Cisco's move to open-source its Telepresence is genius

Sure, Cisco had to give up ownership of the TIP, but no one ever said they had to open-source it. Here's why it makes so much sense.

Though Cisco was simply fulfilling a legal requirement when it announced this week it would release the code behind its Telepresence Interoperability Protocol as open source, it surely struck some as baffling. And struck others as good business sense.

The TIP is what allows third parties to create add-ons for Cisco's Telepresence products, to allow them to connect with other companies' videoconference programs.

As part of its acquisition of Tandberg this week, Cisco had to get rid of the TIP, "divest its ownership" of it. But that didn't mean, necessarily, that it had to make it open source. This move (it's registered on SourceForge already) means that no one else can "own" it, either. I would argue that by giving away the code, they're actually keeping control of it.

Though the specific license isn't clear yet, it would seem it would have to be rather open, as Cisco can't own it. So let's assume it's a completely open license, giving anyone the right to snag the code and fiddle with it as they desire. Cisco's making sure that no one else can have control over something so important to their product.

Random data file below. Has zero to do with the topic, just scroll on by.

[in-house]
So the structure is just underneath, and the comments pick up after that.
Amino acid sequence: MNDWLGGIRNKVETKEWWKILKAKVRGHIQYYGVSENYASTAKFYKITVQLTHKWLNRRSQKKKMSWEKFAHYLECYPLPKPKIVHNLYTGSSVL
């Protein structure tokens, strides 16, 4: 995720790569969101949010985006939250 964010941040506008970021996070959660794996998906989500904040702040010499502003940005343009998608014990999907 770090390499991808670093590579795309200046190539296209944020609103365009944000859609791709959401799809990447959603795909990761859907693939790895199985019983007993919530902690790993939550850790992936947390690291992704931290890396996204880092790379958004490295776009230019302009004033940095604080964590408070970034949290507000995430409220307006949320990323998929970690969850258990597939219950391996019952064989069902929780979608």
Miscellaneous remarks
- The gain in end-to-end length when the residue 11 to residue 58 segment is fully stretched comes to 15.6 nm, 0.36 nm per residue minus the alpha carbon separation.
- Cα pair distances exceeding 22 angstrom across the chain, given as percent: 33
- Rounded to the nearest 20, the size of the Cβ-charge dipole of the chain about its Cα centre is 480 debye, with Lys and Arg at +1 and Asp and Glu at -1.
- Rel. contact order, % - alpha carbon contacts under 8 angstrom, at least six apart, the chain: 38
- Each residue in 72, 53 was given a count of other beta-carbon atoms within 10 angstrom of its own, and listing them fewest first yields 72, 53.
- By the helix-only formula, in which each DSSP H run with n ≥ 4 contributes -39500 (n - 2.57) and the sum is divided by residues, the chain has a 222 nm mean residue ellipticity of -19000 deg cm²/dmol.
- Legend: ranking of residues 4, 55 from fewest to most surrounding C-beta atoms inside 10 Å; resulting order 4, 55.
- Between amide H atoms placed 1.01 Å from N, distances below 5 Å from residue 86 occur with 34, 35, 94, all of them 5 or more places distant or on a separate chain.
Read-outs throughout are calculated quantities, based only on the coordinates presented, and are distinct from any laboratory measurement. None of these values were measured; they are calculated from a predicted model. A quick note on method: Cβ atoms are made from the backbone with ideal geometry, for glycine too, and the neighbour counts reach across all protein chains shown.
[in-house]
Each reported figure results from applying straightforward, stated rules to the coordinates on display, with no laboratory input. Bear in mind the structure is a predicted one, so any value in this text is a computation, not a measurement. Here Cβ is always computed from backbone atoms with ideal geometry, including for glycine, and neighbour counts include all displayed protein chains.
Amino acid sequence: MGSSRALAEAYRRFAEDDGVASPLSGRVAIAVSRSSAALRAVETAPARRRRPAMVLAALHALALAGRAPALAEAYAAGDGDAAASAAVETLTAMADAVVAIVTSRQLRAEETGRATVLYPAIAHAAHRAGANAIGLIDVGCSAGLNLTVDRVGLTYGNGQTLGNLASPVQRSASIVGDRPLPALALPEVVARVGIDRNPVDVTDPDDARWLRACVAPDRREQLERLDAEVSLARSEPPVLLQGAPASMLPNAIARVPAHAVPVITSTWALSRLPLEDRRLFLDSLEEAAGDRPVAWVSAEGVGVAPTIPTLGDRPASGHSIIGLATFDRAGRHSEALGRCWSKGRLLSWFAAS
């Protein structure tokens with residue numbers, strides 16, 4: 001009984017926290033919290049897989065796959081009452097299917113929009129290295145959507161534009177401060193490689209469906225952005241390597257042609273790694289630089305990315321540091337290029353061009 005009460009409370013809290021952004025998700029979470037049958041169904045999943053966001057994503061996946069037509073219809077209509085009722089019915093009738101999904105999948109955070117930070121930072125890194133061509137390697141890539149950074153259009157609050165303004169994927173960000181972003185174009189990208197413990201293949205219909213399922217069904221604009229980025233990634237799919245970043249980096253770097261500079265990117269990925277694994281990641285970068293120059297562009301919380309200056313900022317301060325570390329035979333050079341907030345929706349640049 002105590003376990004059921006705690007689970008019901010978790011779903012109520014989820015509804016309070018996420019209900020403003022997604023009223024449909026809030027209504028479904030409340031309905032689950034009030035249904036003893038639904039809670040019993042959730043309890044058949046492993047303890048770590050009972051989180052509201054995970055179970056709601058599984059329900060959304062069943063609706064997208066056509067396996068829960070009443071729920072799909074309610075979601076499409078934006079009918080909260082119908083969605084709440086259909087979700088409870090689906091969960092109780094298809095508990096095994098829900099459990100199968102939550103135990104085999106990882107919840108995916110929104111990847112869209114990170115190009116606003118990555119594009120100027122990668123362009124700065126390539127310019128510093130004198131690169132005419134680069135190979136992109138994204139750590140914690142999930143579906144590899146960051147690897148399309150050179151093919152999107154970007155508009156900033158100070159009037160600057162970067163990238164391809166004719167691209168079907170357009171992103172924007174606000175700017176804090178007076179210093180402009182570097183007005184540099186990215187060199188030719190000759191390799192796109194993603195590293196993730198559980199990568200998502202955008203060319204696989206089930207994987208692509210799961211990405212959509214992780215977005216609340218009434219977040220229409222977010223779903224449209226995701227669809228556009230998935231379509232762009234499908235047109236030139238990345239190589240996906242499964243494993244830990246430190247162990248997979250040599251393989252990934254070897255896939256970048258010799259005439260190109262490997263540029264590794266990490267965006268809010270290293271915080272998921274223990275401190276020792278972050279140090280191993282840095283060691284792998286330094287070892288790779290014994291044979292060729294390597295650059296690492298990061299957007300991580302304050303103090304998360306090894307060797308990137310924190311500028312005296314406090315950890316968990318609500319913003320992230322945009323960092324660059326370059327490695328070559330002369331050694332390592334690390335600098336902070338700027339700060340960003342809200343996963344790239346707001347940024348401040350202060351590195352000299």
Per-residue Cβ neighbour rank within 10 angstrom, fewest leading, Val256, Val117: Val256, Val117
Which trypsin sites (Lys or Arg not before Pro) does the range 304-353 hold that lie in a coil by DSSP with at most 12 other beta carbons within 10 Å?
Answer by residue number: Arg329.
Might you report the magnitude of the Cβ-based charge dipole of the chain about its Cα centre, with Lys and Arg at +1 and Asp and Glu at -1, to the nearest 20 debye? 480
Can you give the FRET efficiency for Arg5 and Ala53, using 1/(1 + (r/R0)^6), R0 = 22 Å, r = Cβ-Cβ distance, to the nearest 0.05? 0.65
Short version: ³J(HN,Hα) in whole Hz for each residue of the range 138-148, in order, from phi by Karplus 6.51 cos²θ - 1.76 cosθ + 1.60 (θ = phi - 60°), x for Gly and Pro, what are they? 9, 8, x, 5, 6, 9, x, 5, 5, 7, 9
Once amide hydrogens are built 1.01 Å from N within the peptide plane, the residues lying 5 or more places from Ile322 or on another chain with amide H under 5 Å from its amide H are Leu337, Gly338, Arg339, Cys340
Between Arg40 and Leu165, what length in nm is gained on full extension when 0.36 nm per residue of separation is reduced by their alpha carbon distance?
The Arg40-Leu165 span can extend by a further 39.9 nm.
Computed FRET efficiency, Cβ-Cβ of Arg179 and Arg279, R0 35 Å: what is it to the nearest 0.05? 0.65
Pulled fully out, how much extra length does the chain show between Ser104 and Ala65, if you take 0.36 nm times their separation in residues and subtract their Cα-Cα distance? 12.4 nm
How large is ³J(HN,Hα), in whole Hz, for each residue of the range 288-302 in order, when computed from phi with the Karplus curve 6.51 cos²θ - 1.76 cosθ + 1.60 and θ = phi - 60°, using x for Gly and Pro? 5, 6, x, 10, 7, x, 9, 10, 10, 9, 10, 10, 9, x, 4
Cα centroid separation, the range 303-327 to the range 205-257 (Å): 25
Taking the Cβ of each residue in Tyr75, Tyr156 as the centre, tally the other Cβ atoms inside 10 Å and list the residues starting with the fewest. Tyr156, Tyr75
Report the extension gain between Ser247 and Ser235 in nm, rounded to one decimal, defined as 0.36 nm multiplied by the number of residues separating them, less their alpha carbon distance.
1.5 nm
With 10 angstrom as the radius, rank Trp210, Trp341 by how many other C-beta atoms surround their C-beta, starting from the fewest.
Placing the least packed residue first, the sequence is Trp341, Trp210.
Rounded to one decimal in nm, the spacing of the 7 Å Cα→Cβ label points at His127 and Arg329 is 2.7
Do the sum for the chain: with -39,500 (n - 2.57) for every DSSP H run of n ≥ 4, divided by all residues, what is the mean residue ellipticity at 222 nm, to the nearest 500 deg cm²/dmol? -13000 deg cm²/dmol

It's a genius move, actually. The license is being transferred to the International Multimedia Teleconferencing Consortium (IMTC) (or, Cisco said, "another independent industry body"). But by giving the code over to the open source community, the future of the TIP is in everyone's hands and so, therefore, no one's.

Sure, this means that in some cases, some will choose another videoconferencing vendor over Cisco because they won't have to worry about interoperability. But it also means that some will choose Cisco over another vendor because now they don't have to worry about having to spend extra money to ensure it plays well with other systems.

Maybe a company is expanding and has decided Cisco fulfils more of its needs than another vendor. But it started out with 3Com. Well, now it doesn't have to worry about spending money on another license to make sure the two systems work together, so maybe they'd just go for the Cisco this time. (Of course, that could work the other way around.)

Good timing, too, as Cisco announced demand for video conferencing has spiked since the Icelandic volcano eruption grounded so much air traffic. That's more than just hype, as evidenced by a Columbia University law professor who's been using Skype with video to teach his classes despite being stranded in Europe.

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